Simply put, many older folks do not have any family, or at least any family that cares about them, to step up and take care of their basic personal, health care and financial needs.
Consequently, courts are left with appointing "professionals" to step in.
This does not always end well.
This issue caught the eye of the Wall Street Journal, as reported in a recent article titled "Abuses Plague Guardianship Systems Across the Country.”
According to the article, guardianship systems nationwide are plagued with allegations of financial exploitation and abuse.
And this despite reform efforts.
Apparently the guardianship systems primary success seems to be generating billings for the professional guardians themselves.
“These laws which were designed to protect the vulnerable are being used against them to exploit them,” noted Dr. Sam Sugar.
He is the founder of Americans Against Abusive Probate Guardianship, an advocacy group.
Because guardianship systems vary by state and county, and record-keeping systems are inconsistent, precise data on a national level is not available.
That is a lot of dinero by any count.
The concerns surrounding guardianship abuse are getting more traction now, especially since 10,000 baby boomers reach age 65 each day.
Did you know the U.S. Census estimates that aging baby boomers will cause the senior population to nearly double by 2050?
In some parts of the country this wave is reaching the shore already.
In New Jersey, for example, the number of adult guardianships increased 21% from 2009 to 2014, to 2,689 cases.
Guardians who have proper judicial oversight generally do a laudable service, protecting their elderly wards from exploitation by acquaintances and others, the article observed.
What are the worst cases?
When there is no guardian at all.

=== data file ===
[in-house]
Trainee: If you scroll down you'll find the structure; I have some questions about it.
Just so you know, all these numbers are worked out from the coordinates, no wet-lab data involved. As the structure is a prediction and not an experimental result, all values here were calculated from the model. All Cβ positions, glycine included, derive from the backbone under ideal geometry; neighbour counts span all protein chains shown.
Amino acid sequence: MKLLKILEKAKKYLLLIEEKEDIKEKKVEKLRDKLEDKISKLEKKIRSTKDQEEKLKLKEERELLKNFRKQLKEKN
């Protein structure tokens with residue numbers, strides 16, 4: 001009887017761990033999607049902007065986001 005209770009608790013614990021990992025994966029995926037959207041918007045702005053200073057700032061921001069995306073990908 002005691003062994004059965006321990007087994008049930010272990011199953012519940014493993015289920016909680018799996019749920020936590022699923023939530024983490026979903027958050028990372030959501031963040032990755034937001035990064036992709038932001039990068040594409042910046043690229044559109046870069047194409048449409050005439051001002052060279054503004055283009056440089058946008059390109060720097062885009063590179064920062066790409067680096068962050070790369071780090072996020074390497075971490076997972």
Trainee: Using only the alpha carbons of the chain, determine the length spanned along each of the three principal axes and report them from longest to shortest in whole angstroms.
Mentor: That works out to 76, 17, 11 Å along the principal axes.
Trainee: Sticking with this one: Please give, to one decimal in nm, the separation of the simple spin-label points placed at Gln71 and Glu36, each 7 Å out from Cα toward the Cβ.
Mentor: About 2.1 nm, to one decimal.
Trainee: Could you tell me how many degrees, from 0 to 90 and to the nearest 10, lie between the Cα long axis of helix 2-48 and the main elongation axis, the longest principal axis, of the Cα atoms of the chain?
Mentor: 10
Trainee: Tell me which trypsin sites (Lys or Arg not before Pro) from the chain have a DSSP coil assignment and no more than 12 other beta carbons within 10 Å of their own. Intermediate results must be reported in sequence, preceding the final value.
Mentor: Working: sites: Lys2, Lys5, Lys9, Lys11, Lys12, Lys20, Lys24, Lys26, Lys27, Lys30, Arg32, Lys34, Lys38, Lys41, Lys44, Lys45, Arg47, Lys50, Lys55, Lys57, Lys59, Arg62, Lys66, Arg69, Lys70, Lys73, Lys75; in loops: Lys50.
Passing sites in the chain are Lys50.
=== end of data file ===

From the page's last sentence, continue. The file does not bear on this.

How are expenses paid?
The expenses that are a part of a guardianship typically get paid from the ward’s assets.
Think legal fees for the legal representation of both guardians and wards.
What if the ward has no assets?
Some jurisdictions have a "public" guardian’s office that handles cases for indigent clients.
Unfortunately, this "public trough" financial arrangement can encourage abuse of the system by some lawyers and guardians to perpetuate guardianships indefinitely.
For assistance with guardianship concerns, I recommend that you consult an experienced elder law attorney near you (or your loved one) who is a member of the National Academy of Elder Law Attorneys.
Remember: “An ounce of prevention is worth a pound of cure.” When making your financial, tax and estate plans, do not go it alone. Be sure to engage competent professional counsel.
For more information about estate planning in Overland Park, KS (and throughout the rest of Kansas and Missouri), visit our estate planning website and be sure to subscribe to our complimentary estate planning e-newsletter while you are there.
Reference: Wall Street Journal (October 30, 2015) “Abuses Plague Guardianship Systems Across the Country”